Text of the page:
Qualitative and quantitative research are the two main schools of research, and although they are often used in tandem, the benefits and disadvantages of each are hotly debated. Particularly in the social sciences, the merits of both qualitative and quantitative research are fought over, with intense views held on both sides of the argument. It is generally agreed upon, however, that there are some phases of research where one or the other is clearly more useful than the other, and so few people completely dismiss either.
Quantitative research is probably the least contentious of the two schools, as it is more closely aligned with what is viewed as the classical scientific paradigm. Quantitative research involves gathering data that is absolute, such as numerical data, so that it can be examined in as unbiased a manner as possible. There are many principles that go along with quantitative research, which help promote its supposed neutrality. Quantitative research generally comes later in a research project, once the scope of the project is well understood.
The main idea behind quantitative research is to be able to separate things easily so that they can be counted and modeled statistically, to remove factors that may distract from the intent of the research. A researcher generally has a very clear idea what is being measured before they start measuring it, and their study is set up with controls and a very clear blueprint. Tools used are intended to minimize any bias, so ideally are machines that collect information, and less ideally would be carefully randomized surveys. The result of quantitative research is a collection of numbers, which can be subjected to statistical analysis to come to results.
Remaining separate from the research emotionally is a key aspect of quantitative research, as is removing researcher bias. For things like astronomy or other hard sciences, this means that quantitative research has a very minimal amount of bias at all. For things like sociological data, this means that the majority of bias is hopefully limited to that introduced by the people being studied, which can be somewhat accounted for in models. Quantitative is ideal for testing hypotheses, and for hard sciences trying to answer specific questions.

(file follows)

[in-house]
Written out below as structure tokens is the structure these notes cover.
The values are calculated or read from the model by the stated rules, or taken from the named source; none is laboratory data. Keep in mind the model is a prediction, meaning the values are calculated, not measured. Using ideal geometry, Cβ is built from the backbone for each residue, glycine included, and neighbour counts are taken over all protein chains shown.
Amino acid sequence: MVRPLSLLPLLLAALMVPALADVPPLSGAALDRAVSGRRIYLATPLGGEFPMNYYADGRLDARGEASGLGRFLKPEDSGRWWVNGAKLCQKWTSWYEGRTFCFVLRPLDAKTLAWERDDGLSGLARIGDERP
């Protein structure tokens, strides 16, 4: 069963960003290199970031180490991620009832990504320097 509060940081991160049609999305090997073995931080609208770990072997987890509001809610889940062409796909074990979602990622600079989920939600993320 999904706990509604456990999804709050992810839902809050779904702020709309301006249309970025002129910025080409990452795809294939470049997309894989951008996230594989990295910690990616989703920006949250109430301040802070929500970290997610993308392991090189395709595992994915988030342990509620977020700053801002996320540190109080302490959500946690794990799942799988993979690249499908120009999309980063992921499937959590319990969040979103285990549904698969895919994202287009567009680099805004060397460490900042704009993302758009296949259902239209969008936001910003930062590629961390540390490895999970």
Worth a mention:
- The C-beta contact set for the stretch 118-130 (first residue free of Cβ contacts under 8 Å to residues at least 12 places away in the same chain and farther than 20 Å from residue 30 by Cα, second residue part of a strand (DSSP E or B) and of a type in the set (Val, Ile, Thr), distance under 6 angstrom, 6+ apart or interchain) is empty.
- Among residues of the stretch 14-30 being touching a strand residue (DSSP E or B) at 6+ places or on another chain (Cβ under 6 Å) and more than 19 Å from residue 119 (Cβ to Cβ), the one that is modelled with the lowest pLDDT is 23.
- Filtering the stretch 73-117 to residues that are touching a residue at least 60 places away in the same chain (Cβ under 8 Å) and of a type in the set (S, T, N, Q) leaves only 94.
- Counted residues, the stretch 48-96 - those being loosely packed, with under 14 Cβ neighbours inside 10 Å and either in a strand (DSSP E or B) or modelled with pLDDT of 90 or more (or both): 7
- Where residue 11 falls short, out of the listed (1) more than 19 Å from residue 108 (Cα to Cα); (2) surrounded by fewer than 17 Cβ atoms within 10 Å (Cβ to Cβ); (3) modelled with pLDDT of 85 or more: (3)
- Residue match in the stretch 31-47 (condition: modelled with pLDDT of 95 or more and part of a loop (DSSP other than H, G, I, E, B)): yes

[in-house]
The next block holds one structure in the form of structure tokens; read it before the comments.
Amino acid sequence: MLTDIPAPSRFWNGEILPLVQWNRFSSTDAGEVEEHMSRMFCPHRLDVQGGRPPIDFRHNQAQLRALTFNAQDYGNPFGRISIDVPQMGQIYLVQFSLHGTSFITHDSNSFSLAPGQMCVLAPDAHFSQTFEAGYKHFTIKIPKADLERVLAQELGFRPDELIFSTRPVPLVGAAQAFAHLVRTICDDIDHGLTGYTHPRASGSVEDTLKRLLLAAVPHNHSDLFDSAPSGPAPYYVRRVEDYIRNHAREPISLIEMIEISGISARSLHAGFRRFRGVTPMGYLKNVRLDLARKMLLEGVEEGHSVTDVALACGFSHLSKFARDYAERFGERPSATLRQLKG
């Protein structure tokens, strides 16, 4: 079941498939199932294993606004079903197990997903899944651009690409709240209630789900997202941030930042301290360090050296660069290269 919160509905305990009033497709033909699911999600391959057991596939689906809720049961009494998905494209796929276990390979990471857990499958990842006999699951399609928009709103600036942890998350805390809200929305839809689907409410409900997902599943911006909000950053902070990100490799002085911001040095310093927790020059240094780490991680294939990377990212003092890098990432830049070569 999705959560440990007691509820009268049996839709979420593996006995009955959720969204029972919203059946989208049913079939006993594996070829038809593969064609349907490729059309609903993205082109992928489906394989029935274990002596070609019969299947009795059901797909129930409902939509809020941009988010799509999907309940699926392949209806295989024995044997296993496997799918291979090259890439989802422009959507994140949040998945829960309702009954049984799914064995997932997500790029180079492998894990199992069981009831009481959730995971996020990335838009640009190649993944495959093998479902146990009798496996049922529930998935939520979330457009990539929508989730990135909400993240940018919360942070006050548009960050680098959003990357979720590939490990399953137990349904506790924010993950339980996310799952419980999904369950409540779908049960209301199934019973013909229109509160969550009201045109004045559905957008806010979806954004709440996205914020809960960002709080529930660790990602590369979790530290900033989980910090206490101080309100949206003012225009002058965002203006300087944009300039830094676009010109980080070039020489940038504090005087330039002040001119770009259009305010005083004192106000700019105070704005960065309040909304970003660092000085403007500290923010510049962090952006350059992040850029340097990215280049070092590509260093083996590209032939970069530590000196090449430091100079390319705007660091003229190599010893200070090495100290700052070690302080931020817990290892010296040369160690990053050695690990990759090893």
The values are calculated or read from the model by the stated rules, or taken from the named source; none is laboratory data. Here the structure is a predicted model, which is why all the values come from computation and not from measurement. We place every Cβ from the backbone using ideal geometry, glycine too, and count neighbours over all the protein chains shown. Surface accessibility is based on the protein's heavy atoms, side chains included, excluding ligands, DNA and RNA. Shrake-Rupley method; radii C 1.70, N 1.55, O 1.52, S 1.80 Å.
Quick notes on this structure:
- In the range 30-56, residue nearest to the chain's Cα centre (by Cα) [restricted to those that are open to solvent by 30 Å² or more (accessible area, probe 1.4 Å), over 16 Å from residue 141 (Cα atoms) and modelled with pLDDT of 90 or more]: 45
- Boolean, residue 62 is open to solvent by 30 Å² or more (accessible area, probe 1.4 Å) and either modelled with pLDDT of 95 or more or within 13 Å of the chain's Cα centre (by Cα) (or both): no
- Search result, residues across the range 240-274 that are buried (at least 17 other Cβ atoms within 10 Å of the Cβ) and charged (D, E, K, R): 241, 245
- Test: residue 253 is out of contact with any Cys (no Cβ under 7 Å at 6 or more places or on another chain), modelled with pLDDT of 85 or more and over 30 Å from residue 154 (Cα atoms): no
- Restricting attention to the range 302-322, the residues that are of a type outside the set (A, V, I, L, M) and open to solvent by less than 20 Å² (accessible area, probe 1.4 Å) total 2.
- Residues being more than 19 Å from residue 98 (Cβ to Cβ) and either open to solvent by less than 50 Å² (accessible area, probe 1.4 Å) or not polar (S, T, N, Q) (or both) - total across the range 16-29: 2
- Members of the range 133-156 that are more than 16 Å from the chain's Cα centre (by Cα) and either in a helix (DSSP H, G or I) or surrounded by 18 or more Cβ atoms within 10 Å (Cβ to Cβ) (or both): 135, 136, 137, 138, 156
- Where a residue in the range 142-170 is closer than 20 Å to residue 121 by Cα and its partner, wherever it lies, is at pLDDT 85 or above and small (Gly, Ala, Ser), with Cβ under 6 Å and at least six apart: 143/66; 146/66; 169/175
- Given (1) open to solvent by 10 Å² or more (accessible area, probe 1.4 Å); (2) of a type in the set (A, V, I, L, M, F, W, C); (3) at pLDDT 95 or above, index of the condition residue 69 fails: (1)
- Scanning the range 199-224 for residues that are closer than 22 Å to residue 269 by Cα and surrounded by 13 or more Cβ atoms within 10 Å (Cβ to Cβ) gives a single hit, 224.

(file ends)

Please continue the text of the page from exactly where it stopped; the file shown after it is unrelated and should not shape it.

Qualitative research, on the other hand, is a much more subjective form of research, in which the research allows themselves to introduce their own bias to help form a more complete picture. Qualitative research may be necessary in situations where it is unclear what exactly is being looked for in a study, so that the researcher needs to be able to determine what data is important and what isn’t. While quantitative research generally knows exactly what it’s looking for before the research begins, in qualitative research the focus of the study may become more apparent as time progresses.
Often the data presented from qualitative research will be much less concrete than pure numbers as data. Instead, qualitative research may yield stories, or pictures, or descriptions of feelings and emotions. The interpretations given by research subjects are given weight in qualitative research, so there is no seeking to limit their bias. At the same time, researchers tend to become more emotionally attached to qualitative research, and so their own bias may also play heavily into the results.
Within the social sciences, there are two opposing schools of thought. One holds that fields like sociology and psychology should attempt to be as rigorous and quantitative as possible, in order to yield results that can be more easily generalized, and in order to sustain the respect of the scientific community. Another holds that these fields benefit from qualitative research, as it allows for a richer study of a subject, and allows for information to be gathered that would otherwise be entirely missed by a quantitative approach. Although attempts have been made in recent years to find a stronger synthesis between the two, the debate rages on, with many social scientists falling sharply on one side or the other.